London suffers exodus of senior park staff

Industry figures fear skills deficit from loss of top layer of parks management in the capital could be repeated across UK.

A layer of senior management has been lost across the capital - image: HW
A layer of senior management has been lost across the capital - image: HW

Research showing 25 per cent of senior parks staff in London have quit their jobs or been made redundant has triggered alarm across the sector.

London Parks & Green Spaces Forum found a quarter of posts including head of parks or parks managers had quit, retired or seen their departments merged in just 18 months. A whole layer of management had been lost, said forum director Tony Leach. Other green-space experts said the losses were likely to be replicated in other parts of the country.

Affected boroughs included Brent, Ealing, Hammersmith and Fulham, Haringey, Hillingdon, Lambeth and Waltham Forest, he said. Four others had only recently filled vacant posts including Camden, which replaced Shaun Kiddell with Jessica Gibbons (see page 5).

"Over the past 18 months, 25 per cent have either left or their jobs have been deleted," said Leach. "We are losing people with park-specific skills who are often being replaced by staff responsible for leisure or sport or those lower down the food chain with less knowledge.

"Boroughs are slipping back to old ways of working - retreating to safe areas and not sticking their heads above the parapet to talk to each other because they haven't the time or resources.

"This leads to duplication and wastage and also means they are less likely to act strategically, which is seriously bad. We've lost CABE Space while Defra and the culture department are themselves being cut back. We're exploring raising the importance of regional GreenSpace forums as a potential custodian of knowledge."

Brent lost Shaun Faulkner and the parks section merged with sport, while Ealing lost Steve Marshall and his department was merged with leisure. John Wade had left Hackney and his post was now held by an interim post-holder and Waltham Forest had lost its head of parks services and now had a director of public realm.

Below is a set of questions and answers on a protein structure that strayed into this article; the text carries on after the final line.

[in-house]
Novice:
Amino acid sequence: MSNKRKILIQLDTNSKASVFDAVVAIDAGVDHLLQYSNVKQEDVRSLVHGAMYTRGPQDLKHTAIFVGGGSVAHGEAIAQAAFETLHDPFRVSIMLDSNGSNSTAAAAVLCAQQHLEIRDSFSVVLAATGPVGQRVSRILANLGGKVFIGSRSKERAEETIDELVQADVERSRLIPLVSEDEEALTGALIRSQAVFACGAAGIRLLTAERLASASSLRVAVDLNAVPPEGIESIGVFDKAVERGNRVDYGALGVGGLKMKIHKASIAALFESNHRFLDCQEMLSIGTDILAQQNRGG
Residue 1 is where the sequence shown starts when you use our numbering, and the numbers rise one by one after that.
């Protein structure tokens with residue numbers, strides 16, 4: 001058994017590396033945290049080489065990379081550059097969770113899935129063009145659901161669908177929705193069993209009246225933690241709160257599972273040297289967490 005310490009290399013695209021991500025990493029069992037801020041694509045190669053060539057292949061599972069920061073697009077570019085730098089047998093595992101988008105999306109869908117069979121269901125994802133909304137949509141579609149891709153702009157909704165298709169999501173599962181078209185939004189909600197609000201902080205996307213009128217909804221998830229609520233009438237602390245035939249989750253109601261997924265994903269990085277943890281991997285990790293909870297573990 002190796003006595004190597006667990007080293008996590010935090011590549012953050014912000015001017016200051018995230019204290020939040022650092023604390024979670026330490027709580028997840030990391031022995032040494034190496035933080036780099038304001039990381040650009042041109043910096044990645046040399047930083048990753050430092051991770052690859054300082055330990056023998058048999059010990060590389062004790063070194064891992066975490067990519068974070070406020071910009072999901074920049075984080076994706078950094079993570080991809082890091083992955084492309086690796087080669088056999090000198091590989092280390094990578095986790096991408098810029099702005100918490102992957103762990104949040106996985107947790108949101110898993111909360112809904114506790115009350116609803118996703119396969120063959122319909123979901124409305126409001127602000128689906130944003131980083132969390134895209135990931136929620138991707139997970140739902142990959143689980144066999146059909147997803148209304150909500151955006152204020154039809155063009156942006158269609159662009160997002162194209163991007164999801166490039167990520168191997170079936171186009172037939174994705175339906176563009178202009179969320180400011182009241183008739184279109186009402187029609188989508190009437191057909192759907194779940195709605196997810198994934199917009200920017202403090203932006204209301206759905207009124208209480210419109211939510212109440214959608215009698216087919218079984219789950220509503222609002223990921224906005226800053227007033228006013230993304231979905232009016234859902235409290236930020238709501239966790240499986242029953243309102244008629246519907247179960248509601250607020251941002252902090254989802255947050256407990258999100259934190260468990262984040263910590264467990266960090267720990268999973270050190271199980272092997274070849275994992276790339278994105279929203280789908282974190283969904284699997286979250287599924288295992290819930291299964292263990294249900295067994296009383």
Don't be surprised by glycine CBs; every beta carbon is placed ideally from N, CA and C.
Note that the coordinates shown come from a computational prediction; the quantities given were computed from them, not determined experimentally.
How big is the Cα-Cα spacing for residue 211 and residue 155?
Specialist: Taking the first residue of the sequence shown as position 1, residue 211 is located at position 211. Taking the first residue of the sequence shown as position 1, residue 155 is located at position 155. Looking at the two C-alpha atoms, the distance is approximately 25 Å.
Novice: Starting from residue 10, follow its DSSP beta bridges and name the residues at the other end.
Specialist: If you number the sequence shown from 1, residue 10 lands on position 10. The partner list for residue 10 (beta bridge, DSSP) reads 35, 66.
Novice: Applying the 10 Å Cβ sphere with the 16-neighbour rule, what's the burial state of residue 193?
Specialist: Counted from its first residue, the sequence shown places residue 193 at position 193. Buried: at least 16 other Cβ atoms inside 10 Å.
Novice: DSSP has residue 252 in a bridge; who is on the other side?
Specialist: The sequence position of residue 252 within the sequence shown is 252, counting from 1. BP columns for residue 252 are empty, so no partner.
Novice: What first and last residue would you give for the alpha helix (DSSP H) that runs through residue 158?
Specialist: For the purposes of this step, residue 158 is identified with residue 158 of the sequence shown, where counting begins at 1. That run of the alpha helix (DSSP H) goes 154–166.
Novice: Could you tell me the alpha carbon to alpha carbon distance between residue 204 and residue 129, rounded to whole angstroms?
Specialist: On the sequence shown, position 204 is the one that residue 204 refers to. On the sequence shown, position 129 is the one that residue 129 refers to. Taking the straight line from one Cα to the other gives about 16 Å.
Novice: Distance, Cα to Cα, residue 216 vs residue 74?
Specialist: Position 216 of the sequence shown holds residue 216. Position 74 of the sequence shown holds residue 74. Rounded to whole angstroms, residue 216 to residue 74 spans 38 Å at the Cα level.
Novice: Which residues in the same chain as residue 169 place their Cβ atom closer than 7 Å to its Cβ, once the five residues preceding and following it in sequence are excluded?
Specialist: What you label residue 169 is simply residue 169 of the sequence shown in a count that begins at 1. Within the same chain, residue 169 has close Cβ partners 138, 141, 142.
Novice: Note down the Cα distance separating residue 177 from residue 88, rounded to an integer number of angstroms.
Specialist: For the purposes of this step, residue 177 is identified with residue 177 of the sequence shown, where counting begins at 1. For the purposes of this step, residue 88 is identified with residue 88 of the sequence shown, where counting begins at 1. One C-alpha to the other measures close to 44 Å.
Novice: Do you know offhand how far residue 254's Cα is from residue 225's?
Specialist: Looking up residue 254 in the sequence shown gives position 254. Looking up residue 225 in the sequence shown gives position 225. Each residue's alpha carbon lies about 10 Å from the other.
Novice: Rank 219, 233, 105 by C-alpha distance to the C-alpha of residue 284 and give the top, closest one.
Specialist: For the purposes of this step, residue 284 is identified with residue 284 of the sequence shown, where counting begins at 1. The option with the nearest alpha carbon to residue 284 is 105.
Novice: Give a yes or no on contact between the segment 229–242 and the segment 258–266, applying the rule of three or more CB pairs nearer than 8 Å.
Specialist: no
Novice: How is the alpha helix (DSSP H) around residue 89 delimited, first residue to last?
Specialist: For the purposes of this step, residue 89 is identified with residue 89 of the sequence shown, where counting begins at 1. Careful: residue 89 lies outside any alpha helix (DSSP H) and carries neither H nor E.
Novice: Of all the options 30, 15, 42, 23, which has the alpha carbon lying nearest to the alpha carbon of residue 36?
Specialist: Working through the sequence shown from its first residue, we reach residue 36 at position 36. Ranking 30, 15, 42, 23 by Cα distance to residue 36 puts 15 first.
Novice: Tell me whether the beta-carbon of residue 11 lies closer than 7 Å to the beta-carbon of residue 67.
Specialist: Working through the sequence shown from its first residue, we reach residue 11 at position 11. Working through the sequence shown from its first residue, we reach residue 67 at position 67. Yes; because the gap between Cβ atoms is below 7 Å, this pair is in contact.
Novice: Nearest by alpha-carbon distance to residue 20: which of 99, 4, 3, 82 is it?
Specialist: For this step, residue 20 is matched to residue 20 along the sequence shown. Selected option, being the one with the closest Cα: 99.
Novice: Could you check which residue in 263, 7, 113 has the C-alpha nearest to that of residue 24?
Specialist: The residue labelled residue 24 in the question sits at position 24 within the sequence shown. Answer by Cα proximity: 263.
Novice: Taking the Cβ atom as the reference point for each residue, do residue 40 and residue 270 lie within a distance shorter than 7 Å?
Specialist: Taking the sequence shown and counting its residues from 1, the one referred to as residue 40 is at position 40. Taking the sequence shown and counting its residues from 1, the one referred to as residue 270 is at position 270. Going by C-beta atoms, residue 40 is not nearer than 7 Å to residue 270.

"Park-specific jobs have gone and posts have gone upwards to directors of leisure, sport or even waste - or they've gone downwards to people in acting-head posts. Park managers are an endangered species."

Leach said GreenSpace was working on a Heritage Lottery Fund bid to finance research on how to "harness lost skills" (see box).

Parks consultant Stewart Harding said: "Several senior parks managers have left the service through redundancy, retirement or disillusionment. These kinds of losses are widespread and the outcome will be a decline in maintenance standards."

Consultant Peter Wilkinson said the London findings were "really scary" and it was a national problem, citing big-name managers who had recently quit. These included Paul Scragg in Liverpool and Steve Smith in Oldham.

Fellow consultant Sid Sullivan said retirees could "represent a useful reservoir of skill" and GreenSpace could encourage them to donate some of their time to pro bono consultancy to help bridge skills gaps.

Green Space - Harnessing lost skills

Peter Wilkinson, chair of GreenSpace South West, is looking into how the sector can "harness lost skills" and is seeking grant funding from the Heritage Lottery Fund.

"We want to get a feel if there are senior managers who would want to give something back on a voluntary basis. We can have a CV database should people want to be involved in some way.

"Maybe they can advise friends groups or support wider mentoring for apprentices. We could use the web to match people with groups. This is one small part of dealing with the problem, not a solution - we don't want people drifting off."


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